Speaker Johnson on Trump Manhattan conviction: 'Supreme Court should step in'

"People have to believe that justice is fair, that there's equal justice under the law. They don't see that right now."

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Katie Daviscourt Seattle WA
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House Speaker Mike Johnson (R-LA) said Friday that the Supreme Court "should step in" on former President Donald Trump's appeal to his Manhattan falsified business documents case, following a jury's guilty verdict on all 34 charges on Thursday. 

Speaker Johnson asserted that the case is dangerous to the American justice system, saying it has diminished the American people's faith in the court system. He believes the case will be overturned but wants to see SCOTUS get involved. 

"I do believe the Supreme Court should step in," said Johnson on Fox & Friends. "Obviously, this is totally unprecedented, and it's dangerous to our system."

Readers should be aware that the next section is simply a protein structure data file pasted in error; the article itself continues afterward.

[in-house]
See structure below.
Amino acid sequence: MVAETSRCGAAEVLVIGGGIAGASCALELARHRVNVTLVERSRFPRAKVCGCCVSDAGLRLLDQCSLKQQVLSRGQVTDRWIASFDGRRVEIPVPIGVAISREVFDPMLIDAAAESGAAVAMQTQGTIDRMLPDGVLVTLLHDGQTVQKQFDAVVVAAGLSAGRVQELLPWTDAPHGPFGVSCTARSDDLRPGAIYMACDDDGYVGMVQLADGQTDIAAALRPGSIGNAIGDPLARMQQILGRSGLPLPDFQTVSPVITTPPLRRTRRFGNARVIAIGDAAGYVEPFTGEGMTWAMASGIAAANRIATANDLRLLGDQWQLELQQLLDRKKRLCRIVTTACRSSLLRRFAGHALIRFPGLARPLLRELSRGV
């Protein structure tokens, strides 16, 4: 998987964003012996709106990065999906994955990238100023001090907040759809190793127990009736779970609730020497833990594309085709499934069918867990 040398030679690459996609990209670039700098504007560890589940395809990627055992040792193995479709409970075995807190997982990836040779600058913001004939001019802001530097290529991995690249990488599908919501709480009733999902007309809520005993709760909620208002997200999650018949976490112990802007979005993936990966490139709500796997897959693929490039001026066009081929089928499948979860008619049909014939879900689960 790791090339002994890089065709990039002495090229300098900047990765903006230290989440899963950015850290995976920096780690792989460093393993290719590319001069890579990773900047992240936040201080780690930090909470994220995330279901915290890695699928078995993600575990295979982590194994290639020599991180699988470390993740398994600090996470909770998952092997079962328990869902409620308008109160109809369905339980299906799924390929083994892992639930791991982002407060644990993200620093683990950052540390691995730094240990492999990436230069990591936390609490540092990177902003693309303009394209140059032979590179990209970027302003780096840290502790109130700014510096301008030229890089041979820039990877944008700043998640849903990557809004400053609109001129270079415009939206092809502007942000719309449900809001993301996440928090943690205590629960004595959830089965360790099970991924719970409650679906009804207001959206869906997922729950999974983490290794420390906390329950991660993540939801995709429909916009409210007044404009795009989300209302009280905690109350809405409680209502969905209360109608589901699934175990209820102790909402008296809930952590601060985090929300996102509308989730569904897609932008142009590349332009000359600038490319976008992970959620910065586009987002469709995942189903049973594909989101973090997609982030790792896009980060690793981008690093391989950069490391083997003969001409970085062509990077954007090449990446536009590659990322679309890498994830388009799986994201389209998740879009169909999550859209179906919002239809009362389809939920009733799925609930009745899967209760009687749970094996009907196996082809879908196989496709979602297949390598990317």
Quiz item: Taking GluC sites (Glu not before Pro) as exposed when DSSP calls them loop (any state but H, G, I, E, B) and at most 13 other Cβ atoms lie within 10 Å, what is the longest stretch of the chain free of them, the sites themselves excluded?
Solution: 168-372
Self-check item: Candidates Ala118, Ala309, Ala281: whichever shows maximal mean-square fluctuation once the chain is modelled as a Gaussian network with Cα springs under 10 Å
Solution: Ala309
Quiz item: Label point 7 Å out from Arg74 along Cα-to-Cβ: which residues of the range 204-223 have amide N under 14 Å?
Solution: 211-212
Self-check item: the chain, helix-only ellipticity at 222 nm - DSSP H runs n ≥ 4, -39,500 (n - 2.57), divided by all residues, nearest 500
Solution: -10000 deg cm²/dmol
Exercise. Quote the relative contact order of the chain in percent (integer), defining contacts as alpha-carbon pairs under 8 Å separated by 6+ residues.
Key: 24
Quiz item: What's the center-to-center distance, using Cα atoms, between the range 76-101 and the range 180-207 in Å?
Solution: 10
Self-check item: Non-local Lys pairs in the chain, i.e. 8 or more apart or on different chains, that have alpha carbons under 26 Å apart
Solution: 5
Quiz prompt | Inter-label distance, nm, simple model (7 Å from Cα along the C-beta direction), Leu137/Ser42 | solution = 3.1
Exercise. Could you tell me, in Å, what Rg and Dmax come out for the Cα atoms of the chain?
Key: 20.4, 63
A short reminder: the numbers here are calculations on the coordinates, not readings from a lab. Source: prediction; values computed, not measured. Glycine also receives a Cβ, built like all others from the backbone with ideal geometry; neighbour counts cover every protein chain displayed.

"This is diminishing the American people's faith in our system of justice itself, and to maintain a Republic, you have to have that. People have to believe that justice is fair, that there's equal justice under the law. They don't see that right now. And I think that the Justices on the court, I know many of them personally, I think they're deeply concerned about that as we are. So, I think they'll set this straight, but it's going to take a while," Johnson continued. 

Speaker Johnson said that the "whole objective" of the case was for Democrats to drag it out and bankrupt Donald Trump in the process, saying, "They want to diminish his credibility and go after his character." 

"They wanted to keep him off the campaign trail, which they were successful in doing for many weeks, and now they want to call him the convicted felon," said Johnson. 

The House Speaker said he believes that the case will be "overturned" but it's "going to take some time to do it." 

Alvin Bragg, the Manhattan district attorney, charged Trump with 34 counts of falsifying business records. The jury found the former president guilty on charges. According to Bragg, 34 bookkeeping entries, which included invoices, checks, and receipts for money paid to Cohen, should not have been recorded as legal fees. Rather than calling them legal fees, Bragg said they were "hush money" payments to porn Stormey Daniels, with whom Trump is alleged to have had an affair with.  

Judge Merchan has scheduled a sentencing date for July 11. Trump faces four years in prison for each charge.

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